Every few months, Edutwitter features debates about whether handwriting or laptops are the better option for note taking. People on both sides take firm and definitive stances, as they should. “I’m not sure” and “It probably depends” are tweets not destined for viral fame. Stronger proclamations and less cool heads prevail in that space.
My intention in this essay is to identify the nuances of note taking, however, and then to circle back to suggest some strategies that classroom instructors will actually find useful.
I have been teaching note taking to college students since 2006. I’ve also been training faculty members on how to teach note taking to students for about a decade. Finally, since our knowledge of how people learn best is constantly evolving, I’m currently studying in the field of mind, brain and education science. What follows is the best of what I know about note taking in college classrooms.
Centering differences. A lot of teaching and learning conversations make students with learning differences an addendum. But instead of centering our neurotypical students, let’s start this discussion with students who are bold and brave enough to learn outside the norm.
I was lucky enough to have a taste of learning challenges after I experienced a traumatic brain injury, followed by postconcussion syndrome, a couple of years ago. Screens were not an option for me for a couple of months. My doctors advised me to strictly limit screen time due to a variety of visual impairments that I was experiencing. I wonder if a college professor would have been willing to accept a handwritten essay from me, breaking the typical requirement of a typed submission? I hope so, but I’m not sure. It wasn’t the norm, but it was what I would have needed.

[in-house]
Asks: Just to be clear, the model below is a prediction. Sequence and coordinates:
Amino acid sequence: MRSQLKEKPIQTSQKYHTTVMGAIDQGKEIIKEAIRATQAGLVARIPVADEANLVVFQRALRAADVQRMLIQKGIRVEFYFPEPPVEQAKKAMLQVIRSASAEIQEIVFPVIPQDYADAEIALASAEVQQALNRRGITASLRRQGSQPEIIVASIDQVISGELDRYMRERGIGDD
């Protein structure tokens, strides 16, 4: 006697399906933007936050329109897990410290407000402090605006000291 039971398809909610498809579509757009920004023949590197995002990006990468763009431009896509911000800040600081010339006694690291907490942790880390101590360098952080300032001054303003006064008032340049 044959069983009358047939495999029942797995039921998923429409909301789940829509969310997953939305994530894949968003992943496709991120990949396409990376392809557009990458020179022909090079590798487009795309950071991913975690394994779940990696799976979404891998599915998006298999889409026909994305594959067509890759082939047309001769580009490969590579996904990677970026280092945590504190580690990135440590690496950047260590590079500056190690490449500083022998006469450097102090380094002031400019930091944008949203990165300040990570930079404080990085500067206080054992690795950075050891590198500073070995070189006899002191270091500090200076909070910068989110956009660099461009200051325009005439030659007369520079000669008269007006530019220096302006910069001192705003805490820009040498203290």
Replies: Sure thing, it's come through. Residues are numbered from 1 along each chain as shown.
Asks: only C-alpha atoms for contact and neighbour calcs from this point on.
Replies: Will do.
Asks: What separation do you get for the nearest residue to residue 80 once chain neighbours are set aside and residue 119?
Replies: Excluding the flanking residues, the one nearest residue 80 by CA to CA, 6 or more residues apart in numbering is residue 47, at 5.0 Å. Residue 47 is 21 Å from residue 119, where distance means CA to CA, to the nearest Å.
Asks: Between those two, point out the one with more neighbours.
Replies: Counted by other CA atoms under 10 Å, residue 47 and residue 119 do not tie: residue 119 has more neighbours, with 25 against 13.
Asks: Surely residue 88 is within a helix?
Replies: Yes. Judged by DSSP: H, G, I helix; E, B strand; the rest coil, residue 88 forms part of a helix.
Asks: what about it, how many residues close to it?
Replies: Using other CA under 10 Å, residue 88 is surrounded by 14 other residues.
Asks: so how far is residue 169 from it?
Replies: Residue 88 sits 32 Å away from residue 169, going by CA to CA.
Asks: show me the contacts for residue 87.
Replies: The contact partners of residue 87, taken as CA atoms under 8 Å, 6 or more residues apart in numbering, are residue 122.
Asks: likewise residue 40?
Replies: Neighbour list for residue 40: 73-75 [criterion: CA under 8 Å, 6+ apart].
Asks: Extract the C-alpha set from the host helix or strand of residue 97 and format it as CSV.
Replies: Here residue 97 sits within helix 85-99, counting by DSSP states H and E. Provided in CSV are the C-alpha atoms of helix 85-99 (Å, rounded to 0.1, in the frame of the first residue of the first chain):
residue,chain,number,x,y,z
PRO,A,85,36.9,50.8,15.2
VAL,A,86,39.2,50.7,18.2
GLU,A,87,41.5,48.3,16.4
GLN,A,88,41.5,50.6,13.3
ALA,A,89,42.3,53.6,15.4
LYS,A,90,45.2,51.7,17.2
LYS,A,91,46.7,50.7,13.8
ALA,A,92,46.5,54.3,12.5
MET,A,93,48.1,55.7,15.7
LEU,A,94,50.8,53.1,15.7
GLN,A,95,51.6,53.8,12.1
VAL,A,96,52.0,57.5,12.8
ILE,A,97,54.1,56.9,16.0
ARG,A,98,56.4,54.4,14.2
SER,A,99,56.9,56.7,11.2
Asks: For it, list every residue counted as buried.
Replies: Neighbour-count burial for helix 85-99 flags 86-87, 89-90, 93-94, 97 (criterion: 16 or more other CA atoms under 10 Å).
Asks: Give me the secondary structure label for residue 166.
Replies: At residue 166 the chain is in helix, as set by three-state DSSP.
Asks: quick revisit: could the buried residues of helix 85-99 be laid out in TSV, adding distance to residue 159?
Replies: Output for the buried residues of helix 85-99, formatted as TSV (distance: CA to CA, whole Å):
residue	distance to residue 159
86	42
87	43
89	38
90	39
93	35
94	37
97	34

Banning laptops or other note-taking devices from the classroom is an extreme stance that isn’t right for every student. I once worked with a student with learning differences whose handwritten notes were messy and disorganized. I watched as an accessibility tutor sat with him and helped him to type his words and ideas into a document on his laptop. The result was an exceptionally clear and thoughtful summary of the class. The fact is that some students need laptops or other devices to take effective notes. On that, there should be no debate.
One woman’s salt … Salt is terrible for us, right? We’re all supposed to consume less salt. It’s bad for our hearts and it’s going to kill us all. Maybe not. I happen to have a chronic medical condition that is treated, in part, by a high-salt diet. “Shake away,” my doctor says. “Put salt on your cereal.” Some people with this condition even take daily salt tablets.
What I’ve learned from having a medical condition is that while certain foods might be beneficial for most people, no food is healthy for absolutely everyone -- there’s just the food that’s healthy for me. Should most people keep an eye on their salt consumption? Probably. But I’m not most people. One woman’s salt is another’s broccoli.
The same holds true for learning. What research shows us is a best practice for most students might not be the ideal strategy for every student. Thank goodness we are professionals who can appreciate nuance and adapt our teaching strategies to meet the needs of our students, right? In the battle of handwriting versus laptops, let’s step toward the middle and be curious about how each student learns best.
Encouraging experimentation. One of the arguments that I’ve seen against allowing laptop use for taking notes goes something like this: students are adults, and they should get to decide how to take notes. Yes, and my job is to help my students practice divergent thinking, to encourage them to experiment with learning strategies and to offer them my expertise. If a student has never been taught how to take effective handwritten notes, how can they know that a laptop is their best solution?